A report released Thursday by leaders of the Senate Armed Services Committee said top Bush administration officials, including Donald H. Rumsfeld, the former defense secretary, bore major responsibility for the abuses committed by American troops in interrogations at Abu Ghraib in Iraq; Guantánamo Bay, Cuba; and other military detention centers.The report also states that "members of President Bush’s cabinet discussed specific interrogation methods in White House meetings" and that "senior Defense Department officials inquired about SERE techniques for prisoner interrogations as early as December 2001." SERE is a military training program that stand for Survival Evasion Resistance and Escape. The report states:
The report was issued jointly by Senator Carl Levin of Michigan, the Democratic chairman of the panel, and Senator John McCain of Arizona, the top Republican. ...it explicitly rejects the Bush administration’s contention that tough interrogation methods have helped keep the country and its troops safe.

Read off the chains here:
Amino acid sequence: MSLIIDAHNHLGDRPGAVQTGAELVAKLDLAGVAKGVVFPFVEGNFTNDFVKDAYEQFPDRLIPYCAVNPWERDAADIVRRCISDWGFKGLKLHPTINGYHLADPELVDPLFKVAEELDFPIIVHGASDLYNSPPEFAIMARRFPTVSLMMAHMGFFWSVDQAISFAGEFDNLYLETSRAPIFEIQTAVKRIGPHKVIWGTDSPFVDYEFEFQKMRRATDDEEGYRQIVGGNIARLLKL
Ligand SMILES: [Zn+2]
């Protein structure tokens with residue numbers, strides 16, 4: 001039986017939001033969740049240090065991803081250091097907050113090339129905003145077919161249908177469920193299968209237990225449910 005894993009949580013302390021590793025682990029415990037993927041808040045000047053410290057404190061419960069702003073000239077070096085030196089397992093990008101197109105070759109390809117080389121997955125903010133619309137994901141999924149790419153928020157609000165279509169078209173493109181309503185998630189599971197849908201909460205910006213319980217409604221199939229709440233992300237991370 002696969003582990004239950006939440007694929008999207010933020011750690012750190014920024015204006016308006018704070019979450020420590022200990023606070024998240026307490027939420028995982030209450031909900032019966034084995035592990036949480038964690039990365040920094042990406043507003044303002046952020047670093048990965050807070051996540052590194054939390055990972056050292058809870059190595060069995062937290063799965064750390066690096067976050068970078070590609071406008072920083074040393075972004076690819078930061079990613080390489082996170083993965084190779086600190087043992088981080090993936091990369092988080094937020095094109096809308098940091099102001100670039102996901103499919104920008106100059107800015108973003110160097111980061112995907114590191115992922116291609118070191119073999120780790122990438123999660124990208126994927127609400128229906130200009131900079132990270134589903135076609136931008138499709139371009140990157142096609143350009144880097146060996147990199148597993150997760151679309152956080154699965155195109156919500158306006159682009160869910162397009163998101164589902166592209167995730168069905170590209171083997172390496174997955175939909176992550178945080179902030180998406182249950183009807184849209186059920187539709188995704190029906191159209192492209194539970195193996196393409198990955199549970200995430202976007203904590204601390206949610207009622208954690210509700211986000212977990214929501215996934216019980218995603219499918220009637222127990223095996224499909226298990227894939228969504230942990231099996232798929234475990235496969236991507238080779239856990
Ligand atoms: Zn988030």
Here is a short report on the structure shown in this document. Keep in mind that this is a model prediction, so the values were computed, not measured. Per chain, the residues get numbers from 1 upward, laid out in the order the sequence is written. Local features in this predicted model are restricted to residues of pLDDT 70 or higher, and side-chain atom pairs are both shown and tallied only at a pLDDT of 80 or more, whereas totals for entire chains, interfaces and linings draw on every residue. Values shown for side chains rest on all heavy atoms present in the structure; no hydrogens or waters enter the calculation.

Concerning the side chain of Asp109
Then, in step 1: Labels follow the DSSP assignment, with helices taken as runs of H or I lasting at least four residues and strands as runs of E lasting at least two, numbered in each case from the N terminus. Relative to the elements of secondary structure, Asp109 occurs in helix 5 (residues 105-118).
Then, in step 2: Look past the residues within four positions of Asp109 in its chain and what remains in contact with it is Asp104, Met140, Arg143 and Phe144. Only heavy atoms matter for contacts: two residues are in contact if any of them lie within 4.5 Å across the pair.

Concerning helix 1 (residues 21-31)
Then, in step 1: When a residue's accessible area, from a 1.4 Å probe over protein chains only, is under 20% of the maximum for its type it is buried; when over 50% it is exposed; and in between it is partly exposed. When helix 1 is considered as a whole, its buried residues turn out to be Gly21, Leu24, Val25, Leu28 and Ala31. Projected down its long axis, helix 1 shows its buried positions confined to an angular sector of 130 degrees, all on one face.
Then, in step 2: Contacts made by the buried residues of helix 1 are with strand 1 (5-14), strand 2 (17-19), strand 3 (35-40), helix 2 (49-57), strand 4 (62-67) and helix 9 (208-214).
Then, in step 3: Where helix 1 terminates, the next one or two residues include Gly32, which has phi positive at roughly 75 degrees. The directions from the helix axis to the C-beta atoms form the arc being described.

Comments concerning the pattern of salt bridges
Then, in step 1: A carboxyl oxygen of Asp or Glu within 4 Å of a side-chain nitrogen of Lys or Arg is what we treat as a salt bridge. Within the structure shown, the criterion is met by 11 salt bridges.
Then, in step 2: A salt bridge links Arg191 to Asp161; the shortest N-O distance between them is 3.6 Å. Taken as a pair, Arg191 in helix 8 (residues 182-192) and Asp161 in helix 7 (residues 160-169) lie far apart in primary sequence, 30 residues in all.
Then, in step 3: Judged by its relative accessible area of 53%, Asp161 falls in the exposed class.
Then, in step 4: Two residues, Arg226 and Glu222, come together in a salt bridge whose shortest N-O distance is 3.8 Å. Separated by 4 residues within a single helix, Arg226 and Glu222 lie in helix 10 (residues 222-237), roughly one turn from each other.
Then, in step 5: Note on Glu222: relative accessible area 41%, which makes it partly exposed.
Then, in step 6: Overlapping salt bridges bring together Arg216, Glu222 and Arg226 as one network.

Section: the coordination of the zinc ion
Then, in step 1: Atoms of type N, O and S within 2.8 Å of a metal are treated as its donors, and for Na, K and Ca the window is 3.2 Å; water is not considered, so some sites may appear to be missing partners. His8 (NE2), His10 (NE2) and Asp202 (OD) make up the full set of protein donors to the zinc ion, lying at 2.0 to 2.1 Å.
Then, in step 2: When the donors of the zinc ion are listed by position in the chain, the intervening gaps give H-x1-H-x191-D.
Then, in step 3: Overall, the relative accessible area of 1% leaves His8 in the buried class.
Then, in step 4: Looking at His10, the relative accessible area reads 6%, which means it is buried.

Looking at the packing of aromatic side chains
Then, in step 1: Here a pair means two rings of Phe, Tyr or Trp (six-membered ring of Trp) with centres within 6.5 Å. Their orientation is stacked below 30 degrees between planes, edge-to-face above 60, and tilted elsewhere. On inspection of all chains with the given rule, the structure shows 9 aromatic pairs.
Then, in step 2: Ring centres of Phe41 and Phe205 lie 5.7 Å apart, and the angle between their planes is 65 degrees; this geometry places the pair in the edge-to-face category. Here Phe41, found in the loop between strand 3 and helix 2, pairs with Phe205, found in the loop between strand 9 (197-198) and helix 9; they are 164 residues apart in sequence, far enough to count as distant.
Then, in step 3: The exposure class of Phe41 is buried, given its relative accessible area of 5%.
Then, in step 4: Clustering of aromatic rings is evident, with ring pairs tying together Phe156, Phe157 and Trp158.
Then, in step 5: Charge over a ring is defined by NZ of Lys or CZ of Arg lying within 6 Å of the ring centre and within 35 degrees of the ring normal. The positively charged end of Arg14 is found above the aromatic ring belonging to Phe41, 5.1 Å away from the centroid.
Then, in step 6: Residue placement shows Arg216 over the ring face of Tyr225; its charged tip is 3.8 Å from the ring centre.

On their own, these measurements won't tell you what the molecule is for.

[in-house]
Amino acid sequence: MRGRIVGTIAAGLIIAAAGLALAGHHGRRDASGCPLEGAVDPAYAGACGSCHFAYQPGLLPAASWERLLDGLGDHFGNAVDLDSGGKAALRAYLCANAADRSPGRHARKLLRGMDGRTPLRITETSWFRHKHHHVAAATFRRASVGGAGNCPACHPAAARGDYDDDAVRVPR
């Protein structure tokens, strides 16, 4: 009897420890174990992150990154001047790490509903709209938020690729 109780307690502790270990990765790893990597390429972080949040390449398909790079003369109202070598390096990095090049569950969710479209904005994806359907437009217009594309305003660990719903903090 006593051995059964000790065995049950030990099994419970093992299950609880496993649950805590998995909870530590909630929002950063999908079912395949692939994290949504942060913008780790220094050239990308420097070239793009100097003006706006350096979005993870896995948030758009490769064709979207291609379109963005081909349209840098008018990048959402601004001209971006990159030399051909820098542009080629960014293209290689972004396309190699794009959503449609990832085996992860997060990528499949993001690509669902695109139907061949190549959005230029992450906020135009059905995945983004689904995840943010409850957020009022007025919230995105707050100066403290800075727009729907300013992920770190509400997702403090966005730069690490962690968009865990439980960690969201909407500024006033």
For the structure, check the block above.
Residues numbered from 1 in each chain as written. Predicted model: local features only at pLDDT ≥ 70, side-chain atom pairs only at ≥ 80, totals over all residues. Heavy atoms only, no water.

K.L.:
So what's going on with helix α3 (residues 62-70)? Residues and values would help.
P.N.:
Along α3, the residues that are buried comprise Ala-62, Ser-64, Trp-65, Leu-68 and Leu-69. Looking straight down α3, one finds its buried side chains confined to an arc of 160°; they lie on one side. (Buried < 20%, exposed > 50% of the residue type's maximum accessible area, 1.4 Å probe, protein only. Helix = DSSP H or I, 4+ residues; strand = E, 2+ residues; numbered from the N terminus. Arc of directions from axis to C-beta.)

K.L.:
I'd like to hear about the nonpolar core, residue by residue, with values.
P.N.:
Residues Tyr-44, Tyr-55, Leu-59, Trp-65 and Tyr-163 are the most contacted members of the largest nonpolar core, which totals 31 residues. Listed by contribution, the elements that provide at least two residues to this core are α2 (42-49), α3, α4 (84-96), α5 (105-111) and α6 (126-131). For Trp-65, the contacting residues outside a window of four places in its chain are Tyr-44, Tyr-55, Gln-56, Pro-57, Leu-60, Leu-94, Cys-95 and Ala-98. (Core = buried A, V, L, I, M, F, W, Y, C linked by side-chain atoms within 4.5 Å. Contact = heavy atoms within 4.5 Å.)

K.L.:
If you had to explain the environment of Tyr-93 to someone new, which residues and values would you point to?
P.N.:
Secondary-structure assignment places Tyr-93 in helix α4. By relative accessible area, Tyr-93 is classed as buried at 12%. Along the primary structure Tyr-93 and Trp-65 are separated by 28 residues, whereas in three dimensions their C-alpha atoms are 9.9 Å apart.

During the resistance phase of SERE training, U.S. military personnel are exposed to physical and psychological pressures (SERE techniques) designed to simulate conditions to which they might be subject if taken prisoner by enemies that did not abide by the Geneva Conventions. As one JPRA instructor explained, SERE training is “based on illegal exploitation (under the rules listed in the 1949 Geneva Convention Relative to the Treatment of Prisoners of War) of prisoners over the last 50 years.”The Times article does not mention what repercussions, if any, there will be for Rumsfeld or other Defense officials. It will be interesting to see how the incoming administration handles these revelations.
Update: Andrew Sullivan weighs in on the report.
On 12/17, this post was changed from the version posted on 12/11 in order to make a correction about SERE training.